Call a social services manager or team leader unannounced and the chances are you will receive the stock answer, "She/he's in a meeting." In other words she/he is engaged in negotiation - with other people in the agency, with other departments or professional groups, with other authorities or agencies, with councillors or civil servants. You won't need much convincing that a huge amount of staff time is spent in this way, but you may have reflected from time to time on how effective it all is.
As well you might. We all negotiate all the time and some people develop considerable skill simply from experience. Others never do: for a variety of reasons the learning which should come from the experience of success and failure is blocked. Indeed sometimes the behaviour which caused failure in the first place becomes more entrenched with every new experience. And the price of such failure can be very costly in human and financial terms. An inability to negotiate an effective partnership with health or with the voluntary sector is a high profile example. An inability to negotiate an good package of care for an individual client, though it may be less obvious, is every bit as damaging.
A systematic analysis of what is going on in a negotiation, how to prepare for it and how to evaluate its effectiveness can be equally helpful for both good and not so good "natural" negotiators and for the effectiveness of the agency. The trouble is that there is very little in the way of bespoke support of this kind for social services staff. There is (as far as we are aware) one book "Negotiation for Health and Social Services Professionals" by Keith Fletcher. And, though you can buy in generic negotiation training, it doesn't cover the specifics of the rather esoteric world of social services.
For that reason we have decided to update and re-introduce a programme of negotiation seminars which we used to run some years ago, before Best Value and Social Inclusion swept all before them. Not that demand for training, consultancy and facilitation in these two fields is reducing; quite the reverse. But they both depend heavily in practice on the stakeholders' ability to build effective partnerships so a skills development programme in this area is a natural adjunct to our existing portfolio.
We pride ourselves that the training we provide, whether in negotiation or on various aspects of Best Value, is tailored specifically to the requirements of the client. At the same time each programme is built on a framework developed for the purpose so you benefit from our continual learning about what works best. The model of a bespoke package built on a general framework has the added benefit of producing economies of scale which we are able to pass on to you.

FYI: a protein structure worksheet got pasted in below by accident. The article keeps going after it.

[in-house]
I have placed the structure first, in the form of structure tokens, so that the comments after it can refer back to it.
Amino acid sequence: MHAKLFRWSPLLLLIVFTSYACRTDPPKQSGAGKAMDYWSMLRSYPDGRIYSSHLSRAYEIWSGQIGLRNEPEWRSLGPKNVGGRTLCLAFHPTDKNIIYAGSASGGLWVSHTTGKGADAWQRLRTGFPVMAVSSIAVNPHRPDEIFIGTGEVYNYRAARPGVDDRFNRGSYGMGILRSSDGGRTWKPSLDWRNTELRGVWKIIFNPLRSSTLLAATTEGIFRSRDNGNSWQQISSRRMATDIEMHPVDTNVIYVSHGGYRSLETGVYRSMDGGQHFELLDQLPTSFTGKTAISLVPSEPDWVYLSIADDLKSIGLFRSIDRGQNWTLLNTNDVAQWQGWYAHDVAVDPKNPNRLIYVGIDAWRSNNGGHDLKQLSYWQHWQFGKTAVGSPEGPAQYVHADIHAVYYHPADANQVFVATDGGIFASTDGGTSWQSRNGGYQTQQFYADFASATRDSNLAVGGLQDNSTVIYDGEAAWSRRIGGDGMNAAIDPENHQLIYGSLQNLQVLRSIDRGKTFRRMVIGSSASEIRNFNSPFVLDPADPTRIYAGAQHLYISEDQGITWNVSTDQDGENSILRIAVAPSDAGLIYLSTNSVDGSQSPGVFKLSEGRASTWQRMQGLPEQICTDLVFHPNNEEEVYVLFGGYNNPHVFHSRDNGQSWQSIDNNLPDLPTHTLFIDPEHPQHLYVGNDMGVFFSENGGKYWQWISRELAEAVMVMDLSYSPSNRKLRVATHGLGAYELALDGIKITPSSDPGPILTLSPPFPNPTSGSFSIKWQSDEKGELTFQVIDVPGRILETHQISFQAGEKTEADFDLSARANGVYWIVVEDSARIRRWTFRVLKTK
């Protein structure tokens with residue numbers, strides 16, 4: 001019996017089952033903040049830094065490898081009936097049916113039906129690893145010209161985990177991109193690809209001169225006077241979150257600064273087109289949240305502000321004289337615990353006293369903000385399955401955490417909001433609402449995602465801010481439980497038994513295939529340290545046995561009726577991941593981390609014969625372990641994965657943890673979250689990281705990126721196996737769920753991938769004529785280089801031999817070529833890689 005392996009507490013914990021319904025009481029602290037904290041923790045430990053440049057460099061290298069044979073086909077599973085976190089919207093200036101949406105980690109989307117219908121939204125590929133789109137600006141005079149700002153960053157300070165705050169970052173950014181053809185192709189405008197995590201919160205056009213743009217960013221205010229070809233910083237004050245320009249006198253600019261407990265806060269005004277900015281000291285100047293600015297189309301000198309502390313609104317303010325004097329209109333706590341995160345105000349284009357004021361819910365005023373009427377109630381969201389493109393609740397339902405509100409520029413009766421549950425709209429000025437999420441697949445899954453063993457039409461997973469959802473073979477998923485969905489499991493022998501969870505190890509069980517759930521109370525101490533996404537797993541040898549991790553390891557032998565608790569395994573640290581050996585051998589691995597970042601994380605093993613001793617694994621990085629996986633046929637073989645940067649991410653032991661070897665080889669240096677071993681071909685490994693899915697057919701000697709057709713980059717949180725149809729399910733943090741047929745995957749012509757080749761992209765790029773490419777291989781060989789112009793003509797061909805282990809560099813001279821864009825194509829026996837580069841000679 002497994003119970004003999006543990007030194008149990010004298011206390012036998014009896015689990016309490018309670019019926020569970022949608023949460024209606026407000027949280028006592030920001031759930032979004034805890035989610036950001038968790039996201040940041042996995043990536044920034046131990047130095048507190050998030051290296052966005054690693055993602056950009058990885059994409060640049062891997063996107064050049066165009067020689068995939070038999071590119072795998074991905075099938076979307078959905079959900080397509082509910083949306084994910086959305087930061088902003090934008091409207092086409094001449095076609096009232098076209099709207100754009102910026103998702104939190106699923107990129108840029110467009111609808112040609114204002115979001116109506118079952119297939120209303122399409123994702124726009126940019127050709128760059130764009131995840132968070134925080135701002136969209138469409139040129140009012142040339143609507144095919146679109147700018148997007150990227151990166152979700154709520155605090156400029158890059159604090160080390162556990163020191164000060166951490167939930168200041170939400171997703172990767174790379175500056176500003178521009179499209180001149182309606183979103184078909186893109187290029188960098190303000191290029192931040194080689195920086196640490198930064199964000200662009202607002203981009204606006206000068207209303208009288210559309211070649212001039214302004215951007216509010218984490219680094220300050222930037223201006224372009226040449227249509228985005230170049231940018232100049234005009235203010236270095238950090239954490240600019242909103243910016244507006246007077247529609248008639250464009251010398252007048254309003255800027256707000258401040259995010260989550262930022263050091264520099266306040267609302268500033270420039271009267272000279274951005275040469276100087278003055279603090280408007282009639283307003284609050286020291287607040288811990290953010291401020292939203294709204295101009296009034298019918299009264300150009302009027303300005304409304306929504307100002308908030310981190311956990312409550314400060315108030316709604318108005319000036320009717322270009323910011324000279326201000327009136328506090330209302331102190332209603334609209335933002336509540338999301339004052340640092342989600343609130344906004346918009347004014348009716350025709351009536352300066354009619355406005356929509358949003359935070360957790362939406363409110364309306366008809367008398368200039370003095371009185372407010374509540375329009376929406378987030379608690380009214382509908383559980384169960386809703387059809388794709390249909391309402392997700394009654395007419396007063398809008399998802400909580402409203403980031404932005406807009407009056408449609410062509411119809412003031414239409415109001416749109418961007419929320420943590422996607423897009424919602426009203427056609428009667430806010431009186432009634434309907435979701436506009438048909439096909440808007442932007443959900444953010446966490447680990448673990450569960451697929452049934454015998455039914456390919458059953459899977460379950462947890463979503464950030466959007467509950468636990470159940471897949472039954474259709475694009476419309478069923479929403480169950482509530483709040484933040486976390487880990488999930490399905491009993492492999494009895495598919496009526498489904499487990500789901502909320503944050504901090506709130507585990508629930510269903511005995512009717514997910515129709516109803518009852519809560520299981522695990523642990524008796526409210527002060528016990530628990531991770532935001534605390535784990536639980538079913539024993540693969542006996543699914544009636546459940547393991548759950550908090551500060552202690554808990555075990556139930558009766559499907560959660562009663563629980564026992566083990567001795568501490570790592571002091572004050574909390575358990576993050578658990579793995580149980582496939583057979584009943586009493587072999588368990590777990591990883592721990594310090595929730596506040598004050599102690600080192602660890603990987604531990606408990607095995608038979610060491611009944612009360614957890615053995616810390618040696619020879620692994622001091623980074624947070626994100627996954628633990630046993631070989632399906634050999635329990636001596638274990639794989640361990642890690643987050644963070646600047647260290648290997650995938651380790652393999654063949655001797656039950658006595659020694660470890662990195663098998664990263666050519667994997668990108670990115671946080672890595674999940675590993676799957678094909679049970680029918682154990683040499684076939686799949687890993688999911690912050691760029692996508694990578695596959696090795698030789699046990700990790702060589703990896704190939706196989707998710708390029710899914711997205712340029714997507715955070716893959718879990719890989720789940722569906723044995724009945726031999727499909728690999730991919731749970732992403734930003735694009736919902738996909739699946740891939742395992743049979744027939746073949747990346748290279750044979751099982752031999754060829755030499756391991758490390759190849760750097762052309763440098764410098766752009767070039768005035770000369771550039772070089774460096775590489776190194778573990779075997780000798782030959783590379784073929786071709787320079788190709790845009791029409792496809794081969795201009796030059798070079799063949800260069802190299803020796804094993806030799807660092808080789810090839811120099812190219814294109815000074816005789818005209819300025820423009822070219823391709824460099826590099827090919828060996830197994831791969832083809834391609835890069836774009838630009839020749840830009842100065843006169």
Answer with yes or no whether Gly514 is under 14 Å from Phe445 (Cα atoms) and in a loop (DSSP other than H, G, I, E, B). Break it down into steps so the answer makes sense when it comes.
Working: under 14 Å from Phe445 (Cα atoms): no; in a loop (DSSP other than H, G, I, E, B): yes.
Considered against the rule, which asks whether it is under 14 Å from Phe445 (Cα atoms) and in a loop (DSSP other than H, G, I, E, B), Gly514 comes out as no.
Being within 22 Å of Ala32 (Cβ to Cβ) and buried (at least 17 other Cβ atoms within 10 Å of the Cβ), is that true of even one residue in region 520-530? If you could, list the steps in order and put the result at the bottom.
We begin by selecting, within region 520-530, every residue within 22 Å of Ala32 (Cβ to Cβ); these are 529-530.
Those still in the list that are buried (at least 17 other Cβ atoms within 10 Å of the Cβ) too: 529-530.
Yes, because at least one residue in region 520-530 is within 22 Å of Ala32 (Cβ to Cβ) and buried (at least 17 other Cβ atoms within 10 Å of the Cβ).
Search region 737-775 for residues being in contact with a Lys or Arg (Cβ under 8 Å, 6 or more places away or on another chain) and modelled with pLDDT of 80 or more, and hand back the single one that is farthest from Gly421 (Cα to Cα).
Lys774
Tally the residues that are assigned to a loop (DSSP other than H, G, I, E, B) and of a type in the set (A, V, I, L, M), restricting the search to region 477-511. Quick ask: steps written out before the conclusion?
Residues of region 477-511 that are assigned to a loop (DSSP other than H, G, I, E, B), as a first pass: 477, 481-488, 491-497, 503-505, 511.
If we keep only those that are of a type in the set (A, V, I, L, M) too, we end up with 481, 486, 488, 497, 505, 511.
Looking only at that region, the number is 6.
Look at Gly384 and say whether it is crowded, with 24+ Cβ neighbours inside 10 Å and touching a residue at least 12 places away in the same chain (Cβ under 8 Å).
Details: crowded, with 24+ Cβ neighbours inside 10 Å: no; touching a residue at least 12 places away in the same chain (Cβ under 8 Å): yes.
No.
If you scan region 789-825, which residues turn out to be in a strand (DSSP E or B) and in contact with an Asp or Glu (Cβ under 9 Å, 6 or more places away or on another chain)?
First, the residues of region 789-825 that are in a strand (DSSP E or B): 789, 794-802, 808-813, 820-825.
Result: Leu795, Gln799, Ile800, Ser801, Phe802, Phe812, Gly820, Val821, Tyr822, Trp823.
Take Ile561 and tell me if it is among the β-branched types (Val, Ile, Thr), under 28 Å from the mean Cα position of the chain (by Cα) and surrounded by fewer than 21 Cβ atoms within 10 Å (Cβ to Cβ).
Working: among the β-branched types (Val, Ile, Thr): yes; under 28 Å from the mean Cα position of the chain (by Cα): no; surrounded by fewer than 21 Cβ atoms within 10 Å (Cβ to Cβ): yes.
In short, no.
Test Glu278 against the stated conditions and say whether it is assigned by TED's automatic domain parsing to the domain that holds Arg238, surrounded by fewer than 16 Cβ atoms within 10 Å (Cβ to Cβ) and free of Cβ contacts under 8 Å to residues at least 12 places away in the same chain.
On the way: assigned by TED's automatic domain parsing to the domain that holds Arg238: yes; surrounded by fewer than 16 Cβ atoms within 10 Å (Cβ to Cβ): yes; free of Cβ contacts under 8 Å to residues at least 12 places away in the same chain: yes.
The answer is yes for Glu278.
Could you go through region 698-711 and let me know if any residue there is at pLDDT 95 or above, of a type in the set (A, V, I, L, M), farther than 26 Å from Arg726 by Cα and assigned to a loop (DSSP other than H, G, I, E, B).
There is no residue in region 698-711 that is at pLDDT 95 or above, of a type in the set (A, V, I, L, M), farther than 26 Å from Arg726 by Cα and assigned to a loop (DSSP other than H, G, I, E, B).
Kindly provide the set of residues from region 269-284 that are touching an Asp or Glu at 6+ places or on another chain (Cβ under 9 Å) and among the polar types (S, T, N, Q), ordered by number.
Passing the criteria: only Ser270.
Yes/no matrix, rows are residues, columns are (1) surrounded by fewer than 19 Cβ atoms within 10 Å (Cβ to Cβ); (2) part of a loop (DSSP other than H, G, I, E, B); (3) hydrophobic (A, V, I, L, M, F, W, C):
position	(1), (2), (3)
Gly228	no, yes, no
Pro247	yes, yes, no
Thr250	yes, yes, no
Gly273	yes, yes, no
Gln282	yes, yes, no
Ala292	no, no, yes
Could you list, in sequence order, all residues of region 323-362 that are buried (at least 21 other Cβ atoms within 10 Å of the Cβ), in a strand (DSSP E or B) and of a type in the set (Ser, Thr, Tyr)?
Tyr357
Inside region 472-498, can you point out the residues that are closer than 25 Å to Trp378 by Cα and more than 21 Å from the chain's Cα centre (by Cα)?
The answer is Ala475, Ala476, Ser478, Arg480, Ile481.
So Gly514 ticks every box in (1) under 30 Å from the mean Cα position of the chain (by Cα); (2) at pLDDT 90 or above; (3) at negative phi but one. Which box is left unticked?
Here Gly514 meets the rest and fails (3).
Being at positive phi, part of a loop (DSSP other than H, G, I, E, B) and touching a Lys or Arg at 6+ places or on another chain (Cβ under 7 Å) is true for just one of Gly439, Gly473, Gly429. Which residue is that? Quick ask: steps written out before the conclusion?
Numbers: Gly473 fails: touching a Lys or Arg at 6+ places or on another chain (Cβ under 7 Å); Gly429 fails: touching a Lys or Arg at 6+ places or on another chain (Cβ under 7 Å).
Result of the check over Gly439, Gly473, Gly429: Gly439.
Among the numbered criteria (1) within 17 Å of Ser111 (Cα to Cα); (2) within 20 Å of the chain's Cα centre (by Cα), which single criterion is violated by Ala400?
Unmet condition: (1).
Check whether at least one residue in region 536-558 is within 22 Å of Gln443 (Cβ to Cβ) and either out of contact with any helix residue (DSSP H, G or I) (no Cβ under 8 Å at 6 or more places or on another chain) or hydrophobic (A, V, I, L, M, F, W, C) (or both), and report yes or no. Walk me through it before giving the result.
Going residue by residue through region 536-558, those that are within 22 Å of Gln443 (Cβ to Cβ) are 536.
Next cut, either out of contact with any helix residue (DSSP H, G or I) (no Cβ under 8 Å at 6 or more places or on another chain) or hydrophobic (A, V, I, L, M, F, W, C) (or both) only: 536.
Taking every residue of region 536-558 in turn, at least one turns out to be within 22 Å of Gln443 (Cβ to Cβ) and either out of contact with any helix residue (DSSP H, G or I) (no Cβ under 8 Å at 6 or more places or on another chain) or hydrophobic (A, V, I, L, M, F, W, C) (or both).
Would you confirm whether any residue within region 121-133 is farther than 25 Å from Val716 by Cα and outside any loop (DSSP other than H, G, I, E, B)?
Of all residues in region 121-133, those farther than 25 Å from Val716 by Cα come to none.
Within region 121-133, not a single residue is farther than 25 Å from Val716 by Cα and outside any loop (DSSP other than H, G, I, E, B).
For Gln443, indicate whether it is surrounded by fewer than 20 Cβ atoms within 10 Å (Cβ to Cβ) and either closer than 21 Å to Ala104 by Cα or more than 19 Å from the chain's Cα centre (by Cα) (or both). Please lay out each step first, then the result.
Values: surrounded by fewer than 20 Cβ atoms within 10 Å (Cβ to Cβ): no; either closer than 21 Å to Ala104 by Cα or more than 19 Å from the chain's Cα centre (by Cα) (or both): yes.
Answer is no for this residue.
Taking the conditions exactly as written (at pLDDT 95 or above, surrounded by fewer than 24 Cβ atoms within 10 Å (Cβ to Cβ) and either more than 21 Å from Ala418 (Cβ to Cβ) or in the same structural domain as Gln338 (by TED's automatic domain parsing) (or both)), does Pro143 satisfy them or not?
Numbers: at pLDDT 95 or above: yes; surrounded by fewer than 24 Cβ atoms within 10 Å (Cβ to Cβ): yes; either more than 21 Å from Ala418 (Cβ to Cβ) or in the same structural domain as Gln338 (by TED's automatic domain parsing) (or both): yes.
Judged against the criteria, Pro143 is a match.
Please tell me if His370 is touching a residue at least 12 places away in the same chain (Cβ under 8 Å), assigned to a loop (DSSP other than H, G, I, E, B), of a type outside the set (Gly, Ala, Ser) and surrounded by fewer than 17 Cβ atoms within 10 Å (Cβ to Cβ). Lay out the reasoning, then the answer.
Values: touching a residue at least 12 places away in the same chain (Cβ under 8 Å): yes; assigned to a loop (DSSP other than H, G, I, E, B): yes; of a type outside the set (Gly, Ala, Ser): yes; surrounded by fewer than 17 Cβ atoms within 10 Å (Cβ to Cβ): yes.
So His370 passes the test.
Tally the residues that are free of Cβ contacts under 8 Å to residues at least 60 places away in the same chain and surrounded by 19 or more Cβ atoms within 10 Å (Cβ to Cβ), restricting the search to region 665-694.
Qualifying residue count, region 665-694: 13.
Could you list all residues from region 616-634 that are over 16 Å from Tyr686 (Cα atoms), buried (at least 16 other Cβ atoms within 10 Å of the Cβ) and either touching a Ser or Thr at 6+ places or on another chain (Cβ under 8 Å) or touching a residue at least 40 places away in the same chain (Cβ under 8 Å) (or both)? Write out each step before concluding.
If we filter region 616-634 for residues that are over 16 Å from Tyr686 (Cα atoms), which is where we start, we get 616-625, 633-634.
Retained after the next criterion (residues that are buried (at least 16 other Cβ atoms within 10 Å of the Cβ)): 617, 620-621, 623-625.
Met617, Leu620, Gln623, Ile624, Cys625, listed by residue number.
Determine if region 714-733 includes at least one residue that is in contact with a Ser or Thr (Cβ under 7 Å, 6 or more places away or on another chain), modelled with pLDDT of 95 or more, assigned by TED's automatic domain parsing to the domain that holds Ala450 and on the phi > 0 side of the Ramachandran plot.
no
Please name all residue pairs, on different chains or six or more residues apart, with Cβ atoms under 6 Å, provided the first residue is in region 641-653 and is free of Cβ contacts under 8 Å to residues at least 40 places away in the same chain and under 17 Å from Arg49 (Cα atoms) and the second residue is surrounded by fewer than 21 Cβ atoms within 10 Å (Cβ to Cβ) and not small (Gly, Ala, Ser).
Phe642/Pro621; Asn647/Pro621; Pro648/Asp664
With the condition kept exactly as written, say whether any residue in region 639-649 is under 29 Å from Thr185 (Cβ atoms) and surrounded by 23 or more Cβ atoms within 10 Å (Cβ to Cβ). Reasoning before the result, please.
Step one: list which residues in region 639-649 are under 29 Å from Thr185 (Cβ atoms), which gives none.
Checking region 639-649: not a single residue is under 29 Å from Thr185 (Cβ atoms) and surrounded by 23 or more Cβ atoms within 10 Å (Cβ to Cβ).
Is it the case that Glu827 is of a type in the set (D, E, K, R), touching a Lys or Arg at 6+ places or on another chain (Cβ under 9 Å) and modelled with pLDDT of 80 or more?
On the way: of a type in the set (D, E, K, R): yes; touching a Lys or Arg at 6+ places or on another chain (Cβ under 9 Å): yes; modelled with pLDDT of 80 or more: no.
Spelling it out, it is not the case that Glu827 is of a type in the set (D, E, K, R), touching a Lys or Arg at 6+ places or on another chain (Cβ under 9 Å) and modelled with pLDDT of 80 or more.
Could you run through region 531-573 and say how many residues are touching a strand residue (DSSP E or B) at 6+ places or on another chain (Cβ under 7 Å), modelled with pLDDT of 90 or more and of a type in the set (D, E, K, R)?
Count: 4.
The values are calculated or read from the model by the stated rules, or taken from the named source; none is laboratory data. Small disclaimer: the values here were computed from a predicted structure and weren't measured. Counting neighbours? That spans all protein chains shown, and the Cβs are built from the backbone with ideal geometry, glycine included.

The seminars on negotiation take the form of two one day modules which can be run sequentially or stand alone.
The first module is for anyone who wants a basic grounding in the theory and practice of ethical and effective negotiation. It doesn't imply that participants are inexperienced or new to negotiation but it is most appropriate for those who have not studied the subject nor analysed the process very systematically. We aim to help participants develop a framework on which they can build and improve their future practice but the day is strongly participative and interactive.
The second module assumes not only experience but some systematic knowledge of negotiation (perhaps by participation in the first module). In essence it is a carefully constructed simulation closely modeled on a situation which the participants are likely to encounter in their work. It is important that participants come to this module armed with an analytical toolkit: the day begins with the simulation exercise with little more than a scene setting introduction. The learning is from the experience and the debriefing; an evaluation which takes place after the simulation.
Both courses are offered on contract to social services agencies or consortia. They cater for a maximum of sixteen people. Smaller voluntary and private organisations might wish to run them in concert with others in a similar field or jointly with a local authority. Let us know if you might need help in facilitating such an arrangement.
Keith Fletcher is the author of "Negotiation for Health and Social Services Professionals" (published by Jessica Kingsley Publishers; £15.95) and "Best Value Social Services" (published by SSSP Publications; £9.00). He writes a regular column on negotiation and related subjects for "Community Care" magazine. Until the end of 1992 he was Deputy Chief Inspector in the Social Services Inspectorate Wales (Welsh Office) when he resigned to form his own development agency. He is a qualified social worker and has a local government social services background.
If this appears to meet your needs let us know how you want to target the learning and we will work out a detailed programme with you. Get in touch immediately (even if you are looking ahead somewhat) and we can arrange tentative dates to guarantee availability when you need it and provide you with what further information you require. We look forward to hearing from you.
© SSSP Ltd., September 2003